1.2   STATEMENT OF THE PROBLEM Building materials have been playing an important role in the construction industry—they are those materials put together in erecting or constructing structures, no field of engineering is conceivable without their use (Akanni, 2006; Udosen & Akanni, 2010). Building materials contribute immensely to the quality and cost of housing, from what is used in the foundation to the materials for roofing and finishes, while the building materials industry is an important contributor to the national economy of any nation as its output governs both the rate and the quality of construction work. The cost of building materials poses a significant threat to both the construction industry and people aspiring to own houses (Anosike, 2009; Mekson, 2008; Mohammed, 2008; Njoku, 2007); for example, a bag of cement, which is valued at Ν1,350.00 in 2006, goes as high as Ν1,850.00 in 2009 (Anosike, 2009) depicting about 37% increment; the bag goes as high as Ν2,000.00 in 2015 during peak season (field survey 2015). Supporting this view, Jagboro and Owoeye (2004) earlier established that increase in the prices of building materials has multiplier effects on housing development while Idoro and Jolaiya (2010) affirmed that many projects were not completed on time due to the cost of materials, which have been on the increase. Besides timely completion, high prices of building materials form a crucial constraint to improving housing conditions in Nigeria (United Nations Centre for Human Settlement [UNCHS], 1993). In spite of the past studies on the cost of building materials in Nigeria, little is publicized about the implications of the rise in cost on the construction industry; most literature (Jagboro & Owoeye, 2004; Mekson, 2008; Njoku, 2007; Oladipo & Oni, 2012) has concentrated on identifying the causes with little emphasis on the implications; hence, the research seeks to provide information on the effect of cost of building materials on housing development in Nigeria. 1.3   OBJECTIVES OF THE STUDY The following are the objectives of this study:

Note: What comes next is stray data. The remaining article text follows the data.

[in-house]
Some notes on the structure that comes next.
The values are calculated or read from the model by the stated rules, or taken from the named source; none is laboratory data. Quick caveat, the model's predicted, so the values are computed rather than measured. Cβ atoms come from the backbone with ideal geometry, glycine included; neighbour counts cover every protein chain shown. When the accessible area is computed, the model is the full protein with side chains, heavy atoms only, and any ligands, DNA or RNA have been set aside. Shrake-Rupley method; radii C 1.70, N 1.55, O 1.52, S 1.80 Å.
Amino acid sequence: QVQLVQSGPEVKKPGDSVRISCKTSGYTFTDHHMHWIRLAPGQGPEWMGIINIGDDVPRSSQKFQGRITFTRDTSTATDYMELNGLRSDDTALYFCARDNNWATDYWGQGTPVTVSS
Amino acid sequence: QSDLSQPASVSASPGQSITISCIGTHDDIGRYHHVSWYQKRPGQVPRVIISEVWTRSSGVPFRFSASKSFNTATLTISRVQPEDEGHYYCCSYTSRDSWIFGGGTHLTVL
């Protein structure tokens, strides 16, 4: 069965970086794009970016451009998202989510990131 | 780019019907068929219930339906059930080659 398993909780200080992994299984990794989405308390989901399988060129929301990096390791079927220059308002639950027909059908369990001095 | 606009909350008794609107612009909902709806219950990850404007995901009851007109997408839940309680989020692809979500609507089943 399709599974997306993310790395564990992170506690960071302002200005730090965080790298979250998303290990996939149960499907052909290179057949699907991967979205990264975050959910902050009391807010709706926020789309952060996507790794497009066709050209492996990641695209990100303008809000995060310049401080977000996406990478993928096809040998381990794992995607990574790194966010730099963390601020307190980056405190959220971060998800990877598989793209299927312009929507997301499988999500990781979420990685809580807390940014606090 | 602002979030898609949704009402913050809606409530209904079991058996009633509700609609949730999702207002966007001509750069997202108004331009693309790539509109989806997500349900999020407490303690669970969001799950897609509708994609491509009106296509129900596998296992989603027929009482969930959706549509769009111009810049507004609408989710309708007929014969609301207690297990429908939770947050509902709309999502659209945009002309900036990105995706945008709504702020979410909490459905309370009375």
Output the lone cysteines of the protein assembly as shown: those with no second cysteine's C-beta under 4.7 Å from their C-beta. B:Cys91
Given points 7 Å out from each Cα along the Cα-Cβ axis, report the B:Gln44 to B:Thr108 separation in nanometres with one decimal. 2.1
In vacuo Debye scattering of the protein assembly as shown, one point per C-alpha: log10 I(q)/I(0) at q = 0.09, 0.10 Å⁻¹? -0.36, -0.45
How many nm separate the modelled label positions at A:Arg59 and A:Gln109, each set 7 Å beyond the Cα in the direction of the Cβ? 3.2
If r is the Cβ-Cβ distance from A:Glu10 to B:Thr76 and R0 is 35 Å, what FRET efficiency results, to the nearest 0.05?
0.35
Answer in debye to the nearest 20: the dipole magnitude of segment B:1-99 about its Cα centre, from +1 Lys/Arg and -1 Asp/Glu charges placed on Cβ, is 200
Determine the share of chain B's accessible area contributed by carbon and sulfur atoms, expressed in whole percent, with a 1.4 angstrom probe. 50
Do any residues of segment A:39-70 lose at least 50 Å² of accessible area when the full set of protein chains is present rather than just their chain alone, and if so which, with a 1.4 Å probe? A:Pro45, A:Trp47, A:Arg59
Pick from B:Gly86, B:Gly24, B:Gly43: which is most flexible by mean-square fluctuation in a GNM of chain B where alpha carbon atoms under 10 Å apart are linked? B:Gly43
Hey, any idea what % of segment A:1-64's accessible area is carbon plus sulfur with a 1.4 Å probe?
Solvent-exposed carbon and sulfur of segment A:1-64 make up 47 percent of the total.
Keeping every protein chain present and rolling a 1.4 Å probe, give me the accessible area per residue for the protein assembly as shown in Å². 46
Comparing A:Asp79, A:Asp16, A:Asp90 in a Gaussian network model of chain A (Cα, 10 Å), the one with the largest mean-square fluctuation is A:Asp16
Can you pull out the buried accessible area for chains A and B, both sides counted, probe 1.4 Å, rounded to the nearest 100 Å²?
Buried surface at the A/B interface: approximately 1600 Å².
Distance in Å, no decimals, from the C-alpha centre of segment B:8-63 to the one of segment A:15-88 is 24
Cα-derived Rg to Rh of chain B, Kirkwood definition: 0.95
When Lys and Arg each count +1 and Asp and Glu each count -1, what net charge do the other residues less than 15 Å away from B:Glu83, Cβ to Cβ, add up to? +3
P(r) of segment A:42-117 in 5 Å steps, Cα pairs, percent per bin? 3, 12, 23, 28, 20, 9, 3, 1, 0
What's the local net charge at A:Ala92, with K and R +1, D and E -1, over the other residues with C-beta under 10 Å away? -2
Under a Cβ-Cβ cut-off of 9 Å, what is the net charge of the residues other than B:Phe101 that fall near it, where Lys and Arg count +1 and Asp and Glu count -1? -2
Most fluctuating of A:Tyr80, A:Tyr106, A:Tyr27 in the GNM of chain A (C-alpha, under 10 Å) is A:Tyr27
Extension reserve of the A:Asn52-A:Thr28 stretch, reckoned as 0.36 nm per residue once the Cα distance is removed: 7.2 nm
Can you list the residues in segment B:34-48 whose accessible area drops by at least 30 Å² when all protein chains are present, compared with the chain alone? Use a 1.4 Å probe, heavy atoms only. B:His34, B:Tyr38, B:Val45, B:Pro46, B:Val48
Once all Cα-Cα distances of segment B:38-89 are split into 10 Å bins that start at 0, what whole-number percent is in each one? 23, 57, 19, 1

To examine the effect of building materials cost on housing development in Nigeria. To determine the factors responsible for high cost of building materials in Nigeria. To proffer solutions that will reduce the cost of building material to ensure adequate housing development in Nigeria.

1.4   RESEARCH QUESTIONS

What is the effect of building materials cost on housing development in Nigeria? What are the factors responsible for high cost of building materials in Nigeria? What are the solutions that can reduce the cost of building material to ensure adequate housing development in Nigeria?